An Aleppo hospital attacked by Syrian government forces was hit by an illegal vacuum bomb, according to an American NGO that owns the facility.
Mohamed Khatoub, advocacy manager for the Syrian American Medical Society (SAMS), said: "Our health workers can tell the difference between damage inflicted by conventional bombs and vacuum after five years of the conflict."
He added that staff on the ground believed a thermobaric weapon, also known as a vacuum bomb, had been used based on the injuries inflicted on patients and the damage to the hospital.
Images on social media claiming to depict the aftermath of the attack on the M2 Hospital on Tuesday night show patients still in their beds struggling to move as first responders attempt to drag them to safety. It was the third time that the Syrian government has hit the facility.
No civilians or healthworkers were killed in the attack, Khatoub said, although two ambulances were destroyed and the primary health-care and physiotherapy centres were damaged. The hospital is one of many medical facilities in rebel-held areas supported by SAMS.
On Wednesday one SAMS worker suggested Russian involvement in the attack.
Vacuum bombs work by releasing a fine cloud of explosive mixture that is then ignited, creating an intense fireball that consumes all available oxygen and delivers a devastating shockwave.
UN Special Envoy for Syria, Staffan de Mistura, reaffirmed in 2015 that such weapons are illegal according to international law, after an attack last year. Syrian government jets were alleged to have used a vacuum bomb to hit a market in Douma, a suburb northeast of Damascus, killing almost 100 people.
At the time, De Mistura backed up reports that suggested the Syrian government may have used a vacuum bomb, saying that "attacks on civilian areas with aerial indiscriminate bombs, such as vacuum bombs, are prohibited under international law."
'Attack on health facility every 17 hours'
Since the Syrian civil war began, about 13 hospitals and health facilities supported by SAMs have been destroyed by the Syrian government.
According to Khatoub, the last month has seen the "highest amount of attacks on health facilities across the whole of Syria since the conflict began".
Khatoub told MEE that SAMS has been forced to fortify all its health centres in the country and move eight of their hospitals to protect patients and staff from air strikes.
"Before October 2015 the rate of attacks on health facilities was every four days," Khatib said.
"After the Russian intervention in October the rate of attacks [on health facilities] became every two days and in March 2016 we witnessed two attacks. But after this April and May it increased, and now in July there is an attack on a health facility every 17 hours."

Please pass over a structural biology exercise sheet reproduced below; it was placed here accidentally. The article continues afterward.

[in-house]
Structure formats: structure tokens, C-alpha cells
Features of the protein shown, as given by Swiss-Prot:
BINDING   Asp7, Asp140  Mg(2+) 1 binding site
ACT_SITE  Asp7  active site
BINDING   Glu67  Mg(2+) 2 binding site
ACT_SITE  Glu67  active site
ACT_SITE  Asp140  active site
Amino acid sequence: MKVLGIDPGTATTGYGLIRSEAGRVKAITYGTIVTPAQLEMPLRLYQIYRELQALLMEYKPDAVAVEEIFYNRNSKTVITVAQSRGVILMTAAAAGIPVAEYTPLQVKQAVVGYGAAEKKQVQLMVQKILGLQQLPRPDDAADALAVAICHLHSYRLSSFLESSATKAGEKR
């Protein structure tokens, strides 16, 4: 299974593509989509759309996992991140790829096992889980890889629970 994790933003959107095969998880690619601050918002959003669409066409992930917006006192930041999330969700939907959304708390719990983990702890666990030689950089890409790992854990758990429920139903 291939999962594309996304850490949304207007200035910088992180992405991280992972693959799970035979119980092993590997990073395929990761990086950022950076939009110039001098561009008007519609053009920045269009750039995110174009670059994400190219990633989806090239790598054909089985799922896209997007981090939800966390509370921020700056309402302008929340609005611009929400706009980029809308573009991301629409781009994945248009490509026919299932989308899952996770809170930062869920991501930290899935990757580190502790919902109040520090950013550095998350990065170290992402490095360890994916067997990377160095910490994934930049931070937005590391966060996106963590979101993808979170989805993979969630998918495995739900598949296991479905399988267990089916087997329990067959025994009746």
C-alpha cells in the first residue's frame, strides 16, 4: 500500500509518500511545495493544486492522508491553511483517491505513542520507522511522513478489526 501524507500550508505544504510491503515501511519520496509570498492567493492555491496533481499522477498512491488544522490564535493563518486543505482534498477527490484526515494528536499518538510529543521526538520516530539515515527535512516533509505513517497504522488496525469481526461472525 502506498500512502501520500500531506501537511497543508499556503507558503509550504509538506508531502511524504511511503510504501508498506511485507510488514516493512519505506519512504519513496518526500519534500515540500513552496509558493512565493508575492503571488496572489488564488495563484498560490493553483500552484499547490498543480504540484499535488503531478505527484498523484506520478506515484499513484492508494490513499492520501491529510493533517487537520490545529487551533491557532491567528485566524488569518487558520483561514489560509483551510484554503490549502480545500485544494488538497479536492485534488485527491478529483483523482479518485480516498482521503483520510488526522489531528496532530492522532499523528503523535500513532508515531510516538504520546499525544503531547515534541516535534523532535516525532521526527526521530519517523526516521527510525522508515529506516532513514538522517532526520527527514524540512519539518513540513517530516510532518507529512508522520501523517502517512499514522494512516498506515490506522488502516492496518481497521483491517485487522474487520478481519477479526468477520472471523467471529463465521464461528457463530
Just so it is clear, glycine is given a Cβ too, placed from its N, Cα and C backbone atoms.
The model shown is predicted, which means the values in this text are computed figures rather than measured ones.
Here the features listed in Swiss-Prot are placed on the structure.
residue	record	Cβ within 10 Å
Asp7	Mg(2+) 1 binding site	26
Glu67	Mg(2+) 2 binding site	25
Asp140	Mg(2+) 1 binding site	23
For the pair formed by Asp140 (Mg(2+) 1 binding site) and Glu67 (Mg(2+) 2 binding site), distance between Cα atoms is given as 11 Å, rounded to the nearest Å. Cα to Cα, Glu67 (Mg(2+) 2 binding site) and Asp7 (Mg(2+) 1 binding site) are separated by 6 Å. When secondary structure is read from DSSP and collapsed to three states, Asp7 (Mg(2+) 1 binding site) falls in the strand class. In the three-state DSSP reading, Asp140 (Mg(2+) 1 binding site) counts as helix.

Last year, 27 health workers from SAMs were killed in Syria. SAMs has also been working with international NGOs, including MSF, to lobby the UN to protect health workers and facilities in Syria.
Middle East Eye also exclusively reported last week that four newborn babies were killed after a recent triple air strike hit eastern Aleppo's last children's hospital, which is run by a group of Syrian doctors.
According to SAMS, at least 40 health-care facilities were attacked in July by the Syrian government and Russian air force in rebel-held areas.
Zaher Sahloul, who is a senior adviser to SAMS, also tweeted that there are now no more ventilators left in Aleppo, as rebel groups battle Syrian government-backed forces.
Meanwhile, Syrian government forces backed by Russian air raids have recaptured key strategic points from rebel groups in Aleppo, a monitor said on Wednesday.
Their advances reversed short-lived gains made by the opposition after it launched an offensive on Sunday against the Syrian government's siege on the rebel-held eastern districts.
The Syrian Observatory for Human Rights said government fighters seized two hilltops and two small villages in the southwest suburbs of Aleppo late on Tuesday.
The monitor also said that 50 rebels have been killed since the assault began, as well as a dozen Syrian government troops. "The regime is launching counter-attacks to absorb the fierce rebel offensive," Observatory head Rami Abdel Rahman said.
Aleppo is Syria's second-biggest city and has been divided since 2012. The eastern half is controlled by rebel groups fighting the Syrian government, while the western half is under the control of forces loyal to President Bashar al-Assad and by Kurdish forces.
Source: Dania Al-Watan